Tomato in short supply. Will prices go up?
There has been a shortage of tomatoes. Other people say they can't find cauliflower.
Tomato producer ZZ2 has confirmed that there is indeed a temporary shortage of tomatoes and other vegetables.
ZZ2 marketing manager Clive Garrett has more on this.
Tomatoes need a lot of water. They love water but they don't like rain. In dry conditions, tomatoes flourish as long as you have enough water or water rivers or dams, but when you have excess rains like we've had in January and February, generally tomatoes don't thrive.Clive Garrett, Marketing manager - ZZ2
What happens is you have infestations of insects and damage to the plants themselves and the fruits themselves from the rain.Clive Garrett, Marketing manager - ZZ2
We've already seen a slight improvement and as the weeks go on, probably in the next two to three weeks, the situation should return to normal. In January and February we had rain in those two months than we generally have in a year.Clive Garrett, Marketing manager - ZZ2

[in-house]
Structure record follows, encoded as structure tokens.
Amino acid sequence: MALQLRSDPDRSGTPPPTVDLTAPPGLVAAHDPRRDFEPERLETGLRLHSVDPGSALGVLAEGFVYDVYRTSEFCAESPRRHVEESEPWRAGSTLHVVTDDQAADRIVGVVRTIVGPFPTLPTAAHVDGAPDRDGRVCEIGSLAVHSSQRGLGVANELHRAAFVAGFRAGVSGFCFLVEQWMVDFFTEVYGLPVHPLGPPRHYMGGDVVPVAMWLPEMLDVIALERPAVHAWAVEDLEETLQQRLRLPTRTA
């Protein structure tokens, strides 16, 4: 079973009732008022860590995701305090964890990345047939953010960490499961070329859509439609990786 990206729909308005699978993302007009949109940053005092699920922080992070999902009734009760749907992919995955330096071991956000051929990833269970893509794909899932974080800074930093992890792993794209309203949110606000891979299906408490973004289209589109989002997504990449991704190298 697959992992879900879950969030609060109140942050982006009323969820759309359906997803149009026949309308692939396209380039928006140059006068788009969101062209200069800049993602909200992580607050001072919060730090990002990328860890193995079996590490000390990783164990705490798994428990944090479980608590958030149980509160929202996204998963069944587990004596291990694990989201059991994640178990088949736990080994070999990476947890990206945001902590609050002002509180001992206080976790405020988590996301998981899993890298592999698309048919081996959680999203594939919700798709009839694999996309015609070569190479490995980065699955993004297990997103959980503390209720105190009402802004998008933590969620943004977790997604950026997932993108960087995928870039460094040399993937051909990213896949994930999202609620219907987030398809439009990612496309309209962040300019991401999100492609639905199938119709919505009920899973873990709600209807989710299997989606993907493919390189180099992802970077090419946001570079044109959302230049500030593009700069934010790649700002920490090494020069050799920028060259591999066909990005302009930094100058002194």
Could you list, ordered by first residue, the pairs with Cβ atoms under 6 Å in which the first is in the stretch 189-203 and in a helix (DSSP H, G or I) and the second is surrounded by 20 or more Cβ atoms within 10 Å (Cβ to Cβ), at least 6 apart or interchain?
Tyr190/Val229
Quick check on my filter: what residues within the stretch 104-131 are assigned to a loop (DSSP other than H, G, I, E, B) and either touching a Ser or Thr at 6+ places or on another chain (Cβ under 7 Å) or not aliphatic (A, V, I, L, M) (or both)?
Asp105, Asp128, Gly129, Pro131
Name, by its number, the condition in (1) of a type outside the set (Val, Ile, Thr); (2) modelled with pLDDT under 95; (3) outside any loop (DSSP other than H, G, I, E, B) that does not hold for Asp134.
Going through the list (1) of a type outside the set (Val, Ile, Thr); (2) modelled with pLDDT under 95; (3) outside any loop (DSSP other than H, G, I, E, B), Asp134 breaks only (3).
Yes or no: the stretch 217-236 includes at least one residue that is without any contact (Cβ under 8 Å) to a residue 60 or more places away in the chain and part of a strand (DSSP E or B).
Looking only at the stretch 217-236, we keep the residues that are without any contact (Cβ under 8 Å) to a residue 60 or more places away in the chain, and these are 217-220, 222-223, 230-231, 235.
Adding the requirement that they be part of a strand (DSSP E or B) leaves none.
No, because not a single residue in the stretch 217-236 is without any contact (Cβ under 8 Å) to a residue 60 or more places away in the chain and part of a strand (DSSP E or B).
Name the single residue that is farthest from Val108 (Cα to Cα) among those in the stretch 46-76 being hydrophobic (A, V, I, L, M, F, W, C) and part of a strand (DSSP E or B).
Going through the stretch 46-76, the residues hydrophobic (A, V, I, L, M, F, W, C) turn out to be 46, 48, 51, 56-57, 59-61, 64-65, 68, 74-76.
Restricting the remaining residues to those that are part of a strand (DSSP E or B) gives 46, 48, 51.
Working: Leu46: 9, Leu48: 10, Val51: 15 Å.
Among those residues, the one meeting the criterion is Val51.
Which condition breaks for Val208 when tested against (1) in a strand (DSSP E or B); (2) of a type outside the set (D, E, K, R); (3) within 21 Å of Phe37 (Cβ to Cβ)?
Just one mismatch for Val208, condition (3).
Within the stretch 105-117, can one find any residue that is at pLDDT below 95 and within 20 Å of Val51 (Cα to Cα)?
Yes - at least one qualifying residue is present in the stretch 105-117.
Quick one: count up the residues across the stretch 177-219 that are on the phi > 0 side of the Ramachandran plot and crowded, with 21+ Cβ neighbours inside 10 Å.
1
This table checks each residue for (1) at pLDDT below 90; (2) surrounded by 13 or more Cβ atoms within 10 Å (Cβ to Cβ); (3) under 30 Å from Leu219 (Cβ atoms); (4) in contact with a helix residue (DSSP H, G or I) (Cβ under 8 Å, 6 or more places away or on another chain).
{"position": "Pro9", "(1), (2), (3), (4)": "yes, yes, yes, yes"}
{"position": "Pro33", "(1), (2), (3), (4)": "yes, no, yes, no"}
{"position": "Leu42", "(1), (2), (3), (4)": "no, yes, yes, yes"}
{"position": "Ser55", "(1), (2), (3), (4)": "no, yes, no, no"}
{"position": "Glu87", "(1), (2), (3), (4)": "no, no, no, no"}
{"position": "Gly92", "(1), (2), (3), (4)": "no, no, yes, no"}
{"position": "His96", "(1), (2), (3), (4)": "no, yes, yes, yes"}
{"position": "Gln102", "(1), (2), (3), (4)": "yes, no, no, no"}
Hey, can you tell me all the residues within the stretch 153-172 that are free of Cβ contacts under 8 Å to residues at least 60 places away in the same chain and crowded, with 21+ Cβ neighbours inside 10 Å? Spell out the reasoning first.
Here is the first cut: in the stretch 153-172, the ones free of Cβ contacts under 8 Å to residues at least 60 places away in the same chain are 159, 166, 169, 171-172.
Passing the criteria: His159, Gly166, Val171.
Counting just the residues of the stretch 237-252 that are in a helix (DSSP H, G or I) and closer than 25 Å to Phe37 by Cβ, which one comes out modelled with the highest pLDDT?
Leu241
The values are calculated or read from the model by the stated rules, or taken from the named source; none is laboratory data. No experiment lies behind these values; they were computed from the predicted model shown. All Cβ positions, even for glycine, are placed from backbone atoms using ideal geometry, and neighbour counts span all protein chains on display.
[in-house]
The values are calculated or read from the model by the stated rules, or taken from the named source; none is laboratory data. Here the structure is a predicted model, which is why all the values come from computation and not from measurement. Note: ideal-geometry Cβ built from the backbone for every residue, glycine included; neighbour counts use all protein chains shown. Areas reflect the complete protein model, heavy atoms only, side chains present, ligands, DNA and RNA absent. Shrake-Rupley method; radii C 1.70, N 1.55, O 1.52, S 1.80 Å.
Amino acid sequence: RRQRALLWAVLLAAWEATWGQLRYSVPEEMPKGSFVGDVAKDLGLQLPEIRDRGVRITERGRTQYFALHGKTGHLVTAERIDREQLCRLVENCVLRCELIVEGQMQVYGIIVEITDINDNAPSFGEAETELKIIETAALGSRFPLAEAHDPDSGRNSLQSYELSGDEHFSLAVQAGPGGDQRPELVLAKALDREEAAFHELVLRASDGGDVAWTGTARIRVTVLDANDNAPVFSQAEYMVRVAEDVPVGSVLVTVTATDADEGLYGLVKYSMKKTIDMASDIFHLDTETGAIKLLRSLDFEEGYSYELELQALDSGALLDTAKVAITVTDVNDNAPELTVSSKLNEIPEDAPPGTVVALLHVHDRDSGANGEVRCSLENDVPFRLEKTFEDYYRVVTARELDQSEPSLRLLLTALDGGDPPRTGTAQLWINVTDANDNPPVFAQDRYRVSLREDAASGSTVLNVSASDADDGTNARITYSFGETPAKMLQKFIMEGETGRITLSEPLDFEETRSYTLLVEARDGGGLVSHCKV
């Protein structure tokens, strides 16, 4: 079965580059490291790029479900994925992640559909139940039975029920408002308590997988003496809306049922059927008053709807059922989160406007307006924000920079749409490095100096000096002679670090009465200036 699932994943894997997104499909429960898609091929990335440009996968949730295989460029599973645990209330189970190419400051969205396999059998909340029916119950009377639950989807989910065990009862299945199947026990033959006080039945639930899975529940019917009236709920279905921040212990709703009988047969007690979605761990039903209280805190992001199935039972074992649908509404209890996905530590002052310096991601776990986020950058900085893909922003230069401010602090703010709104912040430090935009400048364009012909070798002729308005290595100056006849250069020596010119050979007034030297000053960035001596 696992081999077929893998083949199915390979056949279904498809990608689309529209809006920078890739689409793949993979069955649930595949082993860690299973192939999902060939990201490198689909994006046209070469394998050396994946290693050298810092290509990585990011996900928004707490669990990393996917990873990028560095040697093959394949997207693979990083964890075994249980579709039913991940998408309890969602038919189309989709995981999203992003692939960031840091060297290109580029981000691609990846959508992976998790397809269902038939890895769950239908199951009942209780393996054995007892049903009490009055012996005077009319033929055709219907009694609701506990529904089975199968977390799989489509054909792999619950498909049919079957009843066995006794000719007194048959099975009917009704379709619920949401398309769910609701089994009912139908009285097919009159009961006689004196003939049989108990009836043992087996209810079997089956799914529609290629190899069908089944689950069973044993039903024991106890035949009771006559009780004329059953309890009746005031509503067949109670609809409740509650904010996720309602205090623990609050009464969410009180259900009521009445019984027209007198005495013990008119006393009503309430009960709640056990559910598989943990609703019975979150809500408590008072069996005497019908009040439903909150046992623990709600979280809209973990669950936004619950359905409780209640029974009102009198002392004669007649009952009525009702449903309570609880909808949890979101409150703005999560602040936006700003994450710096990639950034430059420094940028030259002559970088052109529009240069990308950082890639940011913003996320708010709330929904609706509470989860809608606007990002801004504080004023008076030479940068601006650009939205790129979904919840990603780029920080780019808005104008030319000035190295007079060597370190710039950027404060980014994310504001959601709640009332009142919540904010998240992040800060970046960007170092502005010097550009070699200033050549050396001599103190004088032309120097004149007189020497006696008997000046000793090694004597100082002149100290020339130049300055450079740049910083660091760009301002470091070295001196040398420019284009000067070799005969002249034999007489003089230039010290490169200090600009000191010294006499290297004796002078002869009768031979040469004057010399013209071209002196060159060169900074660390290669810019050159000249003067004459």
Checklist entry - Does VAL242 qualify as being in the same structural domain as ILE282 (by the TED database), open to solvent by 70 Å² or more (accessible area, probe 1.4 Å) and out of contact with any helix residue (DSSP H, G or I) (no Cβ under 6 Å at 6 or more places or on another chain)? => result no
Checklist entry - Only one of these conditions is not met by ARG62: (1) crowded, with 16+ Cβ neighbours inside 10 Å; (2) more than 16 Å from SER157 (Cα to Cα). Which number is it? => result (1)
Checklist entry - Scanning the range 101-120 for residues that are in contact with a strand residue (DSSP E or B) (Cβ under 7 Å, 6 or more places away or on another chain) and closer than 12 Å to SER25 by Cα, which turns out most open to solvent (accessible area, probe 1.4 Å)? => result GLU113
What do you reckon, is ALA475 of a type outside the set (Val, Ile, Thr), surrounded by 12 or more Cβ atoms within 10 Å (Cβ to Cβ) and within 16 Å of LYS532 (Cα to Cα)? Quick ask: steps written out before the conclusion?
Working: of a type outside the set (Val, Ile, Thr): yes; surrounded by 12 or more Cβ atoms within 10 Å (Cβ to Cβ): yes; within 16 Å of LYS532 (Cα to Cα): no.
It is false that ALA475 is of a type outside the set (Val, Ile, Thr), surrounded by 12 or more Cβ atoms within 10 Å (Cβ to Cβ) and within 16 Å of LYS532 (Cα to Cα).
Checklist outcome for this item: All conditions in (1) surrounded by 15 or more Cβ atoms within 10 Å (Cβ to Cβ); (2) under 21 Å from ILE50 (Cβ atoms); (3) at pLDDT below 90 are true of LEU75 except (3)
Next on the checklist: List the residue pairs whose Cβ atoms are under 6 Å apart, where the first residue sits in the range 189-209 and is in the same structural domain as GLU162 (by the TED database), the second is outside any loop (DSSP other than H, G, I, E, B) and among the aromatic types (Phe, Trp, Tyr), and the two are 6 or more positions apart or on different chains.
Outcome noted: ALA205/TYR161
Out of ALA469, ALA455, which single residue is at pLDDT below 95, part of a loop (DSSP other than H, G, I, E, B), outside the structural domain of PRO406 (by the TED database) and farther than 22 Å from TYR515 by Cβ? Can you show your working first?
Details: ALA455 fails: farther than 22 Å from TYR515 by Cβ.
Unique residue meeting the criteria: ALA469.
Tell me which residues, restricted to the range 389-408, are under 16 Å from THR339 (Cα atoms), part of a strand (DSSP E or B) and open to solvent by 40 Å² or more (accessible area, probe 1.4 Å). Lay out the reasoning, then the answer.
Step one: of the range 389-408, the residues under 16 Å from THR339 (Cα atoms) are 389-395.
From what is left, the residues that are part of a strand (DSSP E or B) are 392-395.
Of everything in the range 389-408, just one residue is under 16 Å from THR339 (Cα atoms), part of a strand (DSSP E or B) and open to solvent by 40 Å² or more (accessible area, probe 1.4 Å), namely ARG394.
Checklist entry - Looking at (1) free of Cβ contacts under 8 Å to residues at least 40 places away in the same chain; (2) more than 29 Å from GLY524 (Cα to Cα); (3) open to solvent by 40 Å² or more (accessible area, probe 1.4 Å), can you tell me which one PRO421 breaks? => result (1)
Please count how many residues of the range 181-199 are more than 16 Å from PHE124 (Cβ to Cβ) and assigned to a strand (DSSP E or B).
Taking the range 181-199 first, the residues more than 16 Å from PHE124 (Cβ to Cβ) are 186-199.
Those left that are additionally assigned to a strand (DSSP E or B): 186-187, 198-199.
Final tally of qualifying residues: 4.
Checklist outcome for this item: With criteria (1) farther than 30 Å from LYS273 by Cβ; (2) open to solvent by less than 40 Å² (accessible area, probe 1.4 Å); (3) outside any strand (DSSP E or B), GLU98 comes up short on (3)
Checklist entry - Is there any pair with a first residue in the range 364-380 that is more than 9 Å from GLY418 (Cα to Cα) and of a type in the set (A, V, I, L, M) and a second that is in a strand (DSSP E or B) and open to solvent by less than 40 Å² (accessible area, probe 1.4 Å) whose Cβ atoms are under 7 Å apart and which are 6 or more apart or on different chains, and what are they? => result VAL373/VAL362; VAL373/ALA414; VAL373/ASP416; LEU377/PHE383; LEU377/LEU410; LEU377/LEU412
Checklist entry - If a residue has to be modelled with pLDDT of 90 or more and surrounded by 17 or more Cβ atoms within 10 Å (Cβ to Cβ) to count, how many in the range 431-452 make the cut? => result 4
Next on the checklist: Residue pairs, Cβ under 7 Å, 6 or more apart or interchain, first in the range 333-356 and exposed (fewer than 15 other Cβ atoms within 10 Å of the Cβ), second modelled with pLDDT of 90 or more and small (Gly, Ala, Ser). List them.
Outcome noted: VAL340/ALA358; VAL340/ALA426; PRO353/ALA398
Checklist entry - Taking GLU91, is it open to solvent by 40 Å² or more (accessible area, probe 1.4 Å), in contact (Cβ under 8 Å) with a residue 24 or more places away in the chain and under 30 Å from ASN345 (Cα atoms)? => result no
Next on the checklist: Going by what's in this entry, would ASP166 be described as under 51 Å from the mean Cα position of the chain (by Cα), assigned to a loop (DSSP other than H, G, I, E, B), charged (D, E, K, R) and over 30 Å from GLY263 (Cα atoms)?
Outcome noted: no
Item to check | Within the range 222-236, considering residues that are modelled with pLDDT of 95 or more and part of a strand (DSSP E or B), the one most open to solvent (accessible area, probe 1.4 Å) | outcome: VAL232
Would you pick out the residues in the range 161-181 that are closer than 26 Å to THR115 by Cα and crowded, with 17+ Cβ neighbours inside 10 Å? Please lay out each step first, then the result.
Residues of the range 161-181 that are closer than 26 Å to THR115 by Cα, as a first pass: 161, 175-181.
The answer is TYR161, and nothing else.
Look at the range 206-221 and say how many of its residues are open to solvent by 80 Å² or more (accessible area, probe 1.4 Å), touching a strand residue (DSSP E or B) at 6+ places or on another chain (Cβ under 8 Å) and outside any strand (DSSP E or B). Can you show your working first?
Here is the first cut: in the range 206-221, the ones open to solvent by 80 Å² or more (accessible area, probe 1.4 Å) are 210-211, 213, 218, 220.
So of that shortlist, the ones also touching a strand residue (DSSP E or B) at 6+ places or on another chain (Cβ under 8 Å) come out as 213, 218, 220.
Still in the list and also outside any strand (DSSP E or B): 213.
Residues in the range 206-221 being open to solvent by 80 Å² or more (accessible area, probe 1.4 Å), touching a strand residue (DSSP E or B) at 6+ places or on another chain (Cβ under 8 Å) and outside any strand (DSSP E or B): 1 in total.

All salad-type, leafy-type veggies have been hit hard. We've had a shortage of broccoli, cauliflower, carrots and potatoes because of excessive rains.Clive Garrett, Marketing manager - ZZ2
Will this not result in the prices going up?
Our prices in South Africa are determined by demand and supply. Still, the majority of our products happen to land up on the national fresh produce market. I think the supermarkets take their leads from what happens on the national fresh produce market.Clive Garrett, Marketing manager - ZZ2
It happens all over the world when there is a shortage of goods the price goes up.Clive Garrett, Marketing manager - ZZ2
Listen below for the full interview...